One thing I came across a lot was the attitude “but you are good enough to go the tenure-track” as if anything else was less worthy. That really pissed me off!
Thank you for this post Image Goddess. At the moment I am trying to change the feeling i have that non-TT positions (I don't want to use the term 'alternative') are a failure. I know they aren't and maybe I feel like that because of the attitude Dr. Girlfriend mentioned above. But I don't know what else i want to do that would not involve research. I really like teaching and the best for me is a job that involves both research and teaching. But isn't this TT?
Have you thought of your current job long time ago and you put it as a goal or it was something unexpected or, allow me to say, by chance?
DG touched on this same topic a few posts ago when she was talking about postdoc life. I think this is a huge downfall of the academic system. It's almost as if academics don't want people to be successful outside of the University system. I hear rumblings out of a few institutions that there are new programs for biotech MBAs to help PhD scientists transition to biotech. It'd be nice if there were similar programs for science policy, writing, etc.
Dr. Girlfriend: I got that attitude (and still do) and it really pissed me off too. But it also made me more determined to do what I wanted. I'm stubborn that way. What I dislike now that I find myself doing is having to explain to people why I'm doing what I'm doing. It gets old. I chose something I enjoy so why is it anybody's business. I tell them I earned my degree not to simply get into the tenure track. I got my degree so I would have the freedom to choose something I enjoy doing. I wanted options.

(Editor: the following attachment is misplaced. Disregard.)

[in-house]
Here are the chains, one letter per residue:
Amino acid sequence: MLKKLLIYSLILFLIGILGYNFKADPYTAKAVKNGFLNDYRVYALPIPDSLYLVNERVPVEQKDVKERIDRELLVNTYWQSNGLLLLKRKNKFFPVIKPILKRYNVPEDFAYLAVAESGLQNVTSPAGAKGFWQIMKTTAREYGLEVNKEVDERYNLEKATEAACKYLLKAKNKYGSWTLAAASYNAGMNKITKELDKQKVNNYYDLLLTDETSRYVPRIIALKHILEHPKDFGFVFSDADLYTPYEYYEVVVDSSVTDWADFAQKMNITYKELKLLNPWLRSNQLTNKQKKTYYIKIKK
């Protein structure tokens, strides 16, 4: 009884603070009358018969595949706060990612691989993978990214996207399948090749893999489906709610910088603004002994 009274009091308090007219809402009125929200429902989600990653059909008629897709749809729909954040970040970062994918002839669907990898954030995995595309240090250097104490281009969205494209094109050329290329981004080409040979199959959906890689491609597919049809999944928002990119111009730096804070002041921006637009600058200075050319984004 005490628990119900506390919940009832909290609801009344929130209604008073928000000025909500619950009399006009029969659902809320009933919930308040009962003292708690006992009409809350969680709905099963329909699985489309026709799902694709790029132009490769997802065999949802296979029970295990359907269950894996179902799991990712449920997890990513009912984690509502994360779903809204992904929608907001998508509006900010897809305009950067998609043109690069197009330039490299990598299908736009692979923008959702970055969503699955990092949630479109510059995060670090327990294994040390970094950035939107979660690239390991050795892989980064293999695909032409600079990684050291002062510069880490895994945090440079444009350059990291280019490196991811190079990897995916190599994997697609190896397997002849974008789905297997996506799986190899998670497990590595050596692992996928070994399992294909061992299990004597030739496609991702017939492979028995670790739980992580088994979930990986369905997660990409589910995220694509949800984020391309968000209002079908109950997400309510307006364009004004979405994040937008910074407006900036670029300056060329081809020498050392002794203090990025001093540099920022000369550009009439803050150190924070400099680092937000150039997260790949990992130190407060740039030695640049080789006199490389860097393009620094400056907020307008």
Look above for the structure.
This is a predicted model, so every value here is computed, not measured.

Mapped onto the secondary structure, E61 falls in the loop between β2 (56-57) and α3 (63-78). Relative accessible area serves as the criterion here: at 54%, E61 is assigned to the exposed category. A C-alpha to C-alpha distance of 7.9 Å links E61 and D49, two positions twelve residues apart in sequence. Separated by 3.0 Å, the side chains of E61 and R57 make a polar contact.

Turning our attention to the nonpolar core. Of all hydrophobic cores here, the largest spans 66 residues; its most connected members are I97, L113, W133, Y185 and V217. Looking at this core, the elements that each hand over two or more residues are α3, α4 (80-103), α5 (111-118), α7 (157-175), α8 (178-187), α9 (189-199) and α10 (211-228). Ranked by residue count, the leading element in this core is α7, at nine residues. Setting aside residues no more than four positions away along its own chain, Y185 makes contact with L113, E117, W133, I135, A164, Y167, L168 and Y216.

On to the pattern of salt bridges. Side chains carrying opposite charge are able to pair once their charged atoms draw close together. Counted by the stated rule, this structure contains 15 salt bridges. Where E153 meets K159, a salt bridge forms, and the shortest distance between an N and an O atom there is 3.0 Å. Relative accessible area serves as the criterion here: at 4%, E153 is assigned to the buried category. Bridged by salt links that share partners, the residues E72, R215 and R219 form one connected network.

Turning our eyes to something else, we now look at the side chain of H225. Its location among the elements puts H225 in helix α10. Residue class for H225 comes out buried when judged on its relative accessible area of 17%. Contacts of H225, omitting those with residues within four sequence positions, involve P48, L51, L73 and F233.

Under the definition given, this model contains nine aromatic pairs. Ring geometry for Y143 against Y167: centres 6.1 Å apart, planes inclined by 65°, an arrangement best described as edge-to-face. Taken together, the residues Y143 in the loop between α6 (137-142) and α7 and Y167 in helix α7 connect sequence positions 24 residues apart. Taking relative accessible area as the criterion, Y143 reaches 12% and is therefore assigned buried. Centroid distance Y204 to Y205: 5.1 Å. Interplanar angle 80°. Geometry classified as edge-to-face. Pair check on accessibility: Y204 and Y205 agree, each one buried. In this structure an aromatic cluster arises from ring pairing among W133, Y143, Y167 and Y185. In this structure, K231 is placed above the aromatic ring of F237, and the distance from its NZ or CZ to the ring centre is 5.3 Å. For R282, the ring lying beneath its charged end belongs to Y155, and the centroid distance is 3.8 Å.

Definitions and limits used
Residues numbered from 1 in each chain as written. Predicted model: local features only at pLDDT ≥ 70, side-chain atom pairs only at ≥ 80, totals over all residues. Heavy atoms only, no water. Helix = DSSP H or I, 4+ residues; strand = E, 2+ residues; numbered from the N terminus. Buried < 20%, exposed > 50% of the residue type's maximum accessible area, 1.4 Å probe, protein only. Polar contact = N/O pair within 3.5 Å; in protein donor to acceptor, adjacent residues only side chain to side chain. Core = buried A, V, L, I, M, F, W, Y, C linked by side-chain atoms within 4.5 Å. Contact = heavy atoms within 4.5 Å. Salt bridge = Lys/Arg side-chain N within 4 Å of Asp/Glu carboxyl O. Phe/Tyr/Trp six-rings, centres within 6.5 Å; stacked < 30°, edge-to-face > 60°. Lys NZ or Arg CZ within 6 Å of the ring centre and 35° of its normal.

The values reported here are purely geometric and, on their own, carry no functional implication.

OmicsScience: I don't care for the word alternative either but I also don't like non-TT positions. By using a negative word in the description it gives it a negative connotation. At least it does for me. I would like to label it all as career options for PhDs. I should start saying another career option instead of alternative career options! That's a great comment you made about teaching and research. It could be TT but it might not be. I teach, and do research, and run a program. But I'm not TT. As long as I'm doing something I like, I don't care if it's TT. A lot of work I do and the faculty around me do is practice based and the academic TT system hasn't figured out how to take that into account. It's unfortunately a flawed system that doesn't recognize teaching excellence and practice-based work.
And no, I didn't know what I wanted to do. When I graduated it was the first time in my life I didn't know what my next step was. I kind of like it even if it was scary. I looked at everything. Even post doc positions if it was something that I found interesting. I looked in every possible domain for a wide-variety of positions. The problem I've notice a lot of people have is that they get so focused on a specific position title they don't see the other opportunties out there. I based my search on the subjects I liked working in and the skills I wanted to utilize, not on the title. Also, the advantage I had was I knew what I didn't like. I always hated the questions of where do you see yourself in 5 years? What are your goals? My goal is to enjoy my life and what I'm doing and make a difference somehow in the world around me. I do have goals for my life and career, specific things I want to do, but there are many ways to get there.
Brian: Programs like that would be great! There is definately a need for strong writers in science policy and other fields. I think other careers should be encouraged because the number of PhD graduates and post docs to available TT positions isn't that great!
Hi Goddess- thanks for this great post.
What was your certificate in?